Japan still grapples with past on anniversary of war's end

August 16, 1994|By Thomas Easton | Thomas Easton,Tokyo Bureau of The Sun

TOKYO -- While World War II anniversaries elsewhere are being used to put ghosts to rest, in Japan they merely reinforce an inability to come to terms with the past.

Yesterday's 49th anniversary of Japan's defeat in World War II capped a weekend in which the contradictions and confusion of Japan's position was glaringly evident.

Thousands of people, including seven Cabinet ministers in direct defiance of the prime minister, attended a bellicose memorial ceremony at the Yasukuni Shrine in Tokyo, a symbol of Japanese militarism.

Attendees, most elderly and some in military uniforms, stood on either side of a long gravel roadway, sweating profusely under a blazing sun as they listened to speakers exonerate Japan's responsibility.

Professor Ko Shodo of Showa University said that Japan's militarism was justified because it occurred during a period when the strong invaded the weak. If it had to apologize, then so, too, should England, the United States and China.

Yesterday's events came less than 24 hours after a Cabinet minister was forced to resign for denying Japan's prewar colonization policies were intentionally aggressive and praising the impact that Japanese rule had on other Asian countries. The comments provoked outrage throughout Asia.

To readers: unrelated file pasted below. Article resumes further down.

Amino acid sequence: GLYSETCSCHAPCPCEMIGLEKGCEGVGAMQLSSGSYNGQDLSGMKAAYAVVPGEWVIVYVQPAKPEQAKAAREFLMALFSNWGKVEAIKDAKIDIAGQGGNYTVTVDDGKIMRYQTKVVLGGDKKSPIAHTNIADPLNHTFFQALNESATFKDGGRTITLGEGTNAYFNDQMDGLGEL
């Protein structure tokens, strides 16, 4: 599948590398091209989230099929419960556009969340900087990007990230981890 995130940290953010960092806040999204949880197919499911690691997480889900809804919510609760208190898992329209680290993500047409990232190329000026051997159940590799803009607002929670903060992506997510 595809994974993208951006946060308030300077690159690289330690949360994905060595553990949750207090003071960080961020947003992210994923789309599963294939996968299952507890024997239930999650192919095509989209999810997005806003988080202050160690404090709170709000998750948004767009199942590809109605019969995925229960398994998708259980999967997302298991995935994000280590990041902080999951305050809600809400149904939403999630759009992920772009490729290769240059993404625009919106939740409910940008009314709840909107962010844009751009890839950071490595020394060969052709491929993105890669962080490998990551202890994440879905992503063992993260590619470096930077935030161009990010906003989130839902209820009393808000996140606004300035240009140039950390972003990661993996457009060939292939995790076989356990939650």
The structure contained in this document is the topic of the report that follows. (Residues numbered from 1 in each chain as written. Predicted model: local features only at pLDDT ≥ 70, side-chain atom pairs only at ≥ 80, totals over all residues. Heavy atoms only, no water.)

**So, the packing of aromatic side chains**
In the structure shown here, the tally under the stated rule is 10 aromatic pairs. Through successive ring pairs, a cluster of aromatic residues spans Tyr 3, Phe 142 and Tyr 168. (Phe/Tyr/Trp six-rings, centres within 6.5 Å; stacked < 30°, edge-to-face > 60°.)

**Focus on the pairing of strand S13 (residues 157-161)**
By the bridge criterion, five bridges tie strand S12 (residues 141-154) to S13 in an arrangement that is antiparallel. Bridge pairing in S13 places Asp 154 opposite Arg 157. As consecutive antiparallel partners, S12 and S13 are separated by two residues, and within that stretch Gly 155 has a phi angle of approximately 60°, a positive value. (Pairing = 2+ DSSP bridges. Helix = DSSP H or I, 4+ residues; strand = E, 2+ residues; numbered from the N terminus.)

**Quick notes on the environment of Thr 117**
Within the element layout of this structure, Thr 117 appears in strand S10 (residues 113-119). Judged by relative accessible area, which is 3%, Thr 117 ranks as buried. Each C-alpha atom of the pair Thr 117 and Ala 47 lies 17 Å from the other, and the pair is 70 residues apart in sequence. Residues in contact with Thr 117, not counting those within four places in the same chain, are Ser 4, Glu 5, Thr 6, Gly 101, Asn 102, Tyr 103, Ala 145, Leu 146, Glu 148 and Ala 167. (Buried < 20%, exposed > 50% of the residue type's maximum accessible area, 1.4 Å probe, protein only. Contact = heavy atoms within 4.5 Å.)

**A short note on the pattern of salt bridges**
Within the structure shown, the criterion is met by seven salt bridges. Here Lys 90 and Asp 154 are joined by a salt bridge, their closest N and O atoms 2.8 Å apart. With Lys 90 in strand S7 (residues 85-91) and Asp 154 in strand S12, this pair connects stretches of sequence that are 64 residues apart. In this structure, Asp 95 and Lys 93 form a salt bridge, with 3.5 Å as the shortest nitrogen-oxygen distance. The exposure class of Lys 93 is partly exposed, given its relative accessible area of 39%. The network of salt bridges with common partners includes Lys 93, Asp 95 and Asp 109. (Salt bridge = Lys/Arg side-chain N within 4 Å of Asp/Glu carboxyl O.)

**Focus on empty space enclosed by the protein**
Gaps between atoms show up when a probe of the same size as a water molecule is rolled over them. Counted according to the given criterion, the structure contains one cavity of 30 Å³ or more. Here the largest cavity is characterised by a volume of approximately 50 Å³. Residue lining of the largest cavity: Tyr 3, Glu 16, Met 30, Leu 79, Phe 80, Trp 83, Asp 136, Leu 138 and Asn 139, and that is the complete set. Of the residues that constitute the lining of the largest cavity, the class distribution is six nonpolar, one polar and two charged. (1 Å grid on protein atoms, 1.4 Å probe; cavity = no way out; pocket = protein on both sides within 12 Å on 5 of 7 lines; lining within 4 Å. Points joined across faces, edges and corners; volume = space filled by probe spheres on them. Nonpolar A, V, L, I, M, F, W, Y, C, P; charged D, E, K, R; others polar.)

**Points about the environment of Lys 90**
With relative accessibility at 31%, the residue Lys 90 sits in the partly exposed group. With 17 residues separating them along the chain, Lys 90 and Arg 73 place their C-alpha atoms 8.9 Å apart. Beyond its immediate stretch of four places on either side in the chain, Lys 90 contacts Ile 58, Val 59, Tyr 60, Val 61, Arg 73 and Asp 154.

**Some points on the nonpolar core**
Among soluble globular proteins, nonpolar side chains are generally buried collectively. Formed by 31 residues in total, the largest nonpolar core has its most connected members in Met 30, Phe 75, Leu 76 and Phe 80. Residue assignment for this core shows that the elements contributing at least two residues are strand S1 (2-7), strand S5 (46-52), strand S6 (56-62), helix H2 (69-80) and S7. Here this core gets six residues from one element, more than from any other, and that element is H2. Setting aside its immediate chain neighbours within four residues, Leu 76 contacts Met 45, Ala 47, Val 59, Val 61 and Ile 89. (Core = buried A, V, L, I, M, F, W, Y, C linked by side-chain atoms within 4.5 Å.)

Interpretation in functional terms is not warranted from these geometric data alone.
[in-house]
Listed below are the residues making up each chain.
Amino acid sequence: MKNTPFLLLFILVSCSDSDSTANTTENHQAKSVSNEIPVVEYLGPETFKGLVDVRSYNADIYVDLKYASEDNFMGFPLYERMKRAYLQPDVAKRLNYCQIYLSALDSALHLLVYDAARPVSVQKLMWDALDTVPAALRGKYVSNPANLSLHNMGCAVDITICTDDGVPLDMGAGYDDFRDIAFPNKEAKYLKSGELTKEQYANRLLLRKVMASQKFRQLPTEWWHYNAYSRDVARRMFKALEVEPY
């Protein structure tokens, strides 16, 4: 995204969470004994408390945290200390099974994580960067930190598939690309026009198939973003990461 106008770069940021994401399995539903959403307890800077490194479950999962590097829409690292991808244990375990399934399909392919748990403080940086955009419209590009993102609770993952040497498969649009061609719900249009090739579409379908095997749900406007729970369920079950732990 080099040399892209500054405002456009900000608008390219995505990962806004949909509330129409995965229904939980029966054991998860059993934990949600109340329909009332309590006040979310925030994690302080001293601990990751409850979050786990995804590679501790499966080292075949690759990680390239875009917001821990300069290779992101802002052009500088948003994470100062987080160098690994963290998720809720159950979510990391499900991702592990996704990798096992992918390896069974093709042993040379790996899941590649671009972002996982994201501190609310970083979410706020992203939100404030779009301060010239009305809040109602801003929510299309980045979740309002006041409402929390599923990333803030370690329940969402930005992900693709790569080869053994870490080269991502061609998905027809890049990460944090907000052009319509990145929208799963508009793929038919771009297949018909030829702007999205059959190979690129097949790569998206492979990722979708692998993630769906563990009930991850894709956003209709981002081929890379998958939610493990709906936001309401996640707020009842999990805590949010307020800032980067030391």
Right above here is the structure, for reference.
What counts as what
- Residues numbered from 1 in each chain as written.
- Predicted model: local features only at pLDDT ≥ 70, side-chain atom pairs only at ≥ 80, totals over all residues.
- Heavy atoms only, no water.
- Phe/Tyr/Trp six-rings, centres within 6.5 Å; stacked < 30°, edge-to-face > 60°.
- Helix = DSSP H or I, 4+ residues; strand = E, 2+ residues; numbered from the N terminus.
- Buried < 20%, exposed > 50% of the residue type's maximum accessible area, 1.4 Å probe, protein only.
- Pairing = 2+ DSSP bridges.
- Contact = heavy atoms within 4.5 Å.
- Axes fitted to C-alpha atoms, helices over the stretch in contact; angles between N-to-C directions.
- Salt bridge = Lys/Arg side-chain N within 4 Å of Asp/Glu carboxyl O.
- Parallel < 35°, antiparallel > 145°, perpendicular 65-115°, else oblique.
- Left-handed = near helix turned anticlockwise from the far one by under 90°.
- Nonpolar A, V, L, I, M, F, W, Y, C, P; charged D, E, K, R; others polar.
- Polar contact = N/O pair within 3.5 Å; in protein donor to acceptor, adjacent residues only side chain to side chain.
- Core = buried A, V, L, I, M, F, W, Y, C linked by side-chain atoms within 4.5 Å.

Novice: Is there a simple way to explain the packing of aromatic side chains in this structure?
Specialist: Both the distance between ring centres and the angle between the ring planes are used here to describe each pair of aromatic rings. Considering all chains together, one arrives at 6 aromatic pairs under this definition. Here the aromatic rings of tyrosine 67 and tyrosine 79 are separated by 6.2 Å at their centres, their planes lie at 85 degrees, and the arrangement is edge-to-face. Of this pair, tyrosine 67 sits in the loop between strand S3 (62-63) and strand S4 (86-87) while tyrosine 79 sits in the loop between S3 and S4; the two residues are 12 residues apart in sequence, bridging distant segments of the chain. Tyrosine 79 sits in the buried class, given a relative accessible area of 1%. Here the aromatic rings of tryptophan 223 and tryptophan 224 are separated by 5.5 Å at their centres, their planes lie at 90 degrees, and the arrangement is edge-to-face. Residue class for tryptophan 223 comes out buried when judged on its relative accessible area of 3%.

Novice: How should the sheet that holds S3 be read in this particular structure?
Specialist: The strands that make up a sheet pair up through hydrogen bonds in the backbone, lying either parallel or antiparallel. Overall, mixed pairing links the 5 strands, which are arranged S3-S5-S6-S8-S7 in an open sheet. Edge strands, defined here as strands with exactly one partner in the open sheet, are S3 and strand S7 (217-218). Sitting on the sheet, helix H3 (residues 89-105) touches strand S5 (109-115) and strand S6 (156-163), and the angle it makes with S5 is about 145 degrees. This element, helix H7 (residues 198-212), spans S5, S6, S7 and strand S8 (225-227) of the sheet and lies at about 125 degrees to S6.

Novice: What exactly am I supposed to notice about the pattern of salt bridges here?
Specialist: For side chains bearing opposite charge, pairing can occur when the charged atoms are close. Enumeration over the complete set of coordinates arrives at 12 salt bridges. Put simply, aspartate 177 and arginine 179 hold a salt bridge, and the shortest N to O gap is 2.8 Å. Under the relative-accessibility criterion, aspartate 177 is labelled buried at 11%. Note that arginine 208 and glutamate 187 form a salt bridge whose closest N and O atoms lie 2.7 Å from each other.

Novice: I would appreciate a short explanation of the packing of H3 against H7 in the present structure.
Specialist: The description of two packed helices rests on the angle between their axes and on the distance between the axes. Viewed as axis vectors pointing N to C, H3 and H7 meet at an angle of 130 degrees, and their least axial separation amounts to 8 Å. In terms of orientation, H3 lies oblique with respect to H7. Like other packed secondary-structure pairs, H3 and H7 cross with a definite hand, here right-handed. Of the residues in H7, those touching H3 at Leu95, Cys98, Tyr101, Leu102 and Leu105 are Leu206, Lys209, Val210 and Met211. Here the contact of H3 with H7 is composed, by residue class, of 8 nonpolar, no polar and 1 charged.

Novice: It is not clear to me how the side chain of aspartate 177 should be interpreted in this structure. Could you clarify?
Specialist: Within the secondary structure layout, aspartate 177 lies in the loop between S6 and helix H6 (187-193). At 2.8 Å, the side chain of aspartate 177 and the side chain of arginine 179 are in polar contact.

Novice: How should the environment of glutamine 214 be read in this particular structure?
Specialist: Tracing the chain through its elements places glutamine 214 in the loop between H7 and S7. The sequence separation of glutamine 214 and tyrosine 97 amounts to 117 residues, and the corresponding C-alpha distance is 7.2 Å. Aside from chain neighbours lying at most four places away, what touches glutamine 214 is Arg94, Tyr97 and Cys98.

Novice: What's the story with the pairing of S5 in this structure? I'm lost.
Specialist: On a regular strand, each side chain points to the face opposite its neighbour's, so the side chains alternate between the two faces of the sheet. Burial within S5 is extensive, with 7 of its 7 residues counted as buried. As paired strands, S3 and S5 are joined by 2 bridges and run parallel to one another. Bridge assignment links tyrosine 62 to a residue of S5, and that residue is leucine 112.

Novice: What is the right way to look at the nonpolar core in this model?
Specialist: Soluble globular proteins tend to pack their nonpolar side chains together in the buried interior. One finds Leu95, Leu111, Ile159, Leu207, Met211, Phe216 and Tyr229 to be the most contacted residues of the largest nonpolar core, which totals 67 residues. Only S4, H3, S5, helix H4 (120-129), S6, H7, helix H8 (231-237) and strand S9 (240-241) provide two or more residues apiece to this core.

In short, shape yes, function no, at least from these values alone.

Two months ago, a minister in the former administration was forced to resign after denying Japan's role in the 1937 Nanking massacre in China.

In another ceremony yesterday, Prime Minister Tomiichi Murayama followed the precedent set during the past year by two brief-lived administrations by apologizing for the agony Japan caused.

His comments were followed by expressions of remorse by Emperor Akihito that made no distinction between the suffering caused by Japan as an aggressor and the suffering caused to Japan in its defeat.

The brief remarks, scripted by government officials, avoided any suggestion of responsibility for the war fought in his father's name.

The importance of yesterday's ceremonies was underscored by the broader debate now under way to define a new role for Japan's military, carefully referred to in public as "self-defense" forces.

A blue-ribbon report on reforming Japan's military was issued Friday that advocated sending troops abroad for the first time since World War II.

The report was commissioned months ago under a different administration, and appeared to be unenthusiastically received by a new, Socialist-led administration that describes itself as "dovish."

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